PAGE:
As far as the financing, thanks for the info Scott. It was at romaxcommercial.com that I found the 90% LTV, Secondary financing allowed product. I am going to look into it today. When you talk about No Doc/Full Doc commercial mortgages, I was under the impression that commercial lenders will look at the property alone to determine whether the income it produces will cover the debt service by >120% and that my own personal income is irrelevant. Is this not true?

Thanks for all the feedback. I am going to inquire about this property this morning.

Wakefield,

First, let's look at the real numbers.

Gross rents: $4,300
Operating expenses: $2,150
NOI: $2,150

Mortgage: (commercial, 20 yr, 7.875%, $180,000) $1,500

Cash flow: $650 per month or $65 per unit per month

The cash flow is a little low, but not terrible.

All this assumes that NO REPAIRS are needed. If that's true, then this deal might be worth looking at. If a lot of repairs are needed, then this is probably not a good deal.

Also, this is a low income building (based on the rents). The tenants will probably be marginal, with more evictions and problems than higher income rentals.

I would also want to see the leases and check the rents (and the tenants) based on that info. Owners almost always are overly optimistic about the income.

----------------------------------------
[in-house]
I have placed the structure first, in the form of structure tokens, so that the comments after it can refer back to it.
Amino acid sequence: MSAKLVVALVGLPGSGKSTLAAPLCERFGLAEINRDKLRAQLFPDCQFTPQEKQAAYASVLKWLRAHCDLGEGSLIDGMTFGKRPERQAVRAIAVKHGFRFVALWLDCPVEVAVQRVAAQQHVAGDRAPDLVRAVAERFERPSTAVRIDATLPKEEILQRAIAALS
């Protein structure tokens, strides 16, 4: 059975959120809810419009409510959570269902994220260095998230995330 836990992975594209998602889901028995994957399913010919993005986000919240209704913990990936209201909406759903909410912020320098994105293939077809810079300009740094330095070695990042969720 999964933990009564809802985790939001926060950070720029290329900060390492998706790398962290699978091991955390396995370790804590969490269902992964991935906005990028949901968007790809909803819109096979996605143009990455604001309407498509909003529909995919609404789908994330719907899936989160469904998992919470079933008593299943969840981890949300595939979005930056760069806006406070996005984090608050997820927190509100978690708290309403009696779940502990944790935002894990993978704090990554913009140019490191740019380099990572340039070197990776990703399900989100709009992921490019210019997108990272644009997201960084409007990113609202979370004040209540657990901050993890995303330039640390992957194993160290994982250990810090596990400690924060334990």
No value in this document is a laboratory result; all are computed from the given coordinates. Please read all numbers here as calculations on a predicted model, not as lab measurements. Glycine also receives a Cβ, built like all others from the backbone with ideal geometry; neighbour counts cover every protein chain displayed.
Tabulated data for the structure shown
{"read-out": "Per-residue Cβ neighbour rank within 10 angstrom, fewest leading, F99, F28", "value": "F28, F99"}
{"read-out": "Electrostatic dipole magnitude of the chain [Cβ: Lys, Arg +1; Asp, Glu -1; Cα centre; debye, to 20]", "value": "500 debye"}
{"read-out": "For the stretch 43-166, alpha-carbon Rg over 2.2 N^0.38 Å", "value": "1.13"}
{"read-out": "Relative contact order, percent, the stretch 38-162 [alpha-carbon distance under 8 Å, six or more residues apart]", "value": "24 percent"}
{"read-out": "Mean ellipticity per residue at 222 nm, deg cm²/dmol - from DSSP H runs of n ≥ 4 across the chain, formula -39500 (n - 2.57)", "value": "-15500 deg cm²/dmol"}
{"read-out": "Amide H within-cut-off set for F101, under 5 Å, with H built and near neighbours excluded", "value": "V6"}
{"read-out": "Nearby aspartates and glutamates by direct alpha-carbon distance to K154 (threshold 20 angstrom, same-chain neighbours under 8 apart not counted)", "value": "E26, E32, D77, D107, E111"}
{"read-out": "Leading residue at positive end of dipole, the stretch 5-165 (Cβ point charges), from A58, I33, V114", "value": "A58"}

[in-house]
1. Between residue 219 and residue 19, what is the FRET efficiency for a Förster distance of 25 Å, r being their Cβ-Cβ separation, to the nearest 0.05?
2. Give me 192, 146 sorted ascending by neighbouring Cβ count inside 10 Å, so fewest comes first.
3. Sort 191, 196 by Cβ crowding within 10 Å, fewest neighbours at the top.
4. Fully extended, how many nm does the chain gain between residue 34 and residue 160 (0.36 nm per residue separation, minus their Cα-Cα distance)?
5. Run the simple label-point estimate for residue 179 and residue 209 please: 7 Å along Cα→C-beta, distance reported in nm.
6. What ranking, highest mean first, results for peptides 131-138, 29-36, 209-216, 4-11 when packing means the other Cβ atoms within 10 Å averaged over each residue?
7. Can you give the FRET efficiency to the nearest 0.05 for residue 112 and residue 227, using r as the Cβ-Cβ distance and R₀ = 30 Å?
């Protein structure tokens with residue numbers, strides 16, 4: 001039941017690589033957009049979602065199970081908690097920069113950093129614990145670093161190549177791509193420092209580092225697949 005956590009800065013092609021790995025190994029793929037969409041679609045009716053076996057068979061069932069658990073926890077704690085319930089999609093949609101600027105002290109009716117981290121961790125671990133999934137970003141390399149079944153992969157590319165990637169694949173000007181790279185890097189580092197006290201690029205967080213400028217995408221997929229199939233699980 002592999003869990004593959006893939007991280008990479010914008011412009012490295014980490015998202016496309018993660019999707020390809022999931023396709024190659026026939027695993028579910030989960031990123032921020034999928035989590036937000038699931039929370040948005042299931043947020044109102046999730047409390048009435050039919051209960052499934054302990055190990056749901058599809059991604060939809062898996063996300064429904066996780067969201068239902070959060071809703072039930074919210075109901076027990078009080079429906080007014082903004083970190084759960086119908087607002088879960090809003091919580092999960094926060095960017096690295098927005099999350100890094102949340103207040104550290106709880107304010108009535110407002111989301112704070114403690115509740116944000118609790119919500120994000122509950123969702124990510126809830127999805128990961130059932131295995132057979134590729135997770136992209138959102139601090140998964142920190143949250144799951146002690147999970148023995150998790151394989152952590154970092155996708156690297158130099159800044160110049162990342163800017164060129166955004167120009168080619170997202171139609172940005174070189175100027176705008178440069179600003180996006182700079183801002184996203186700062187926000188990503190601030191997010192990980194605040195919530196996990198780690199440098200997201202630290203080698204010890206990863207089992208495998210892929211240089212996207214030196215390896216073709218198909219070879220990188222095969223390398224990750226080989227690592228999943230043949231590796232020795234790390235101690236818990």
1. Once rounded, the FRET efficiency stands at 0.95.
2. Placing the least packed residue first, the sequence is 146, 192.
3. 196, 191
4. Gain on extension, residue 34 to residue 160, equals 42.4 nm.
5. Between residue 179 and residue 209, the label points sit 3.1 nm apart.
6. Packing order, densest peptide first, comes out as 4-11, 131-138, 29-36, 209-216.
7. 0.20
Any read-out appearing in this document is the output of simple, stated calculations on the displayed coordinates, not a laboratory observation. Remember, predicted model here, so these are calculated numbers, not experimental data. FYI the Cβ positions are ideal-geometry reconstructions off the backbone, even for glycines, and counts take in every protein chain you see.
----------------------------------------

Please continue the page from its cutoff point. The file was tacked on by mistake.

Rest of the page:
Finally, as Ryan said, if you find a great deal (this isn't one), you've got to look at it NOW! When I get a call for a great deal, I drop what I'm doing and go look at it right now. About a month ago, a local investor became very motivated to sell and called me about two houses. She wanted $25K for each and I knew that I could rent them for about $550 each and that the market value was about $50K each. I asked her if we could meet in 1/2 hour. Was it worth dropping what I was doing to pick up $50K in equity and $200 per month in cash flow? Yes! I spent ten minutes looking at each house and we went to a local restuarant/bar and signed the contracts (which I always have with me). The point is that this is what your competition does.

Mike

Ah, yes, I forgot to mention that the rents are below market. They are at around $425/mo each, and should be at least $525 possibly even higher.

Will report back once the realtor gets back to me. I'm hounding his voice mail.

Compared to 95% of the country, I live in a very strong market to cash flow on properties, and in my area if that property needed no MAJOR repairs (no more than 10-15K to get all the units rented and decent looking), I could have easily sold it for $200,000 within 30-45 days of putting it under contract, probably even $210,000.

If your market is even just not completely in the toilet right now, that could have been $30,000 to $40,000 in your pocket.

And that folks is how you make money wholesaling.

Sorry for asking this, but I'd like to know what LTV stands for and what does it mean.

New here...so you'll have to deal with my ridiculous questions until I come up to speed with the regulars.

Thanks.

Originally posted by "Rehab702":
LTV = Loan To Value

If a bank will loan at 80% LTV and the building is worth 100k they will loan 80% of that or 80k.

8)

Oh ok...simple enough. Thanks for the clarification.

So if you were to take on that loan, could you take an addtional loan for the remaining 20%? Piggyback it? Thus, keeping you from having to put down any down payment.

I am also a member of FlyerTalk forums. There are even more random acronyms there. They have an FAQ which defines all of these acronyms. I'm surprised that this site doesnt (seem to) have one.

As a newbie here, there are many acronyms I do not recognize.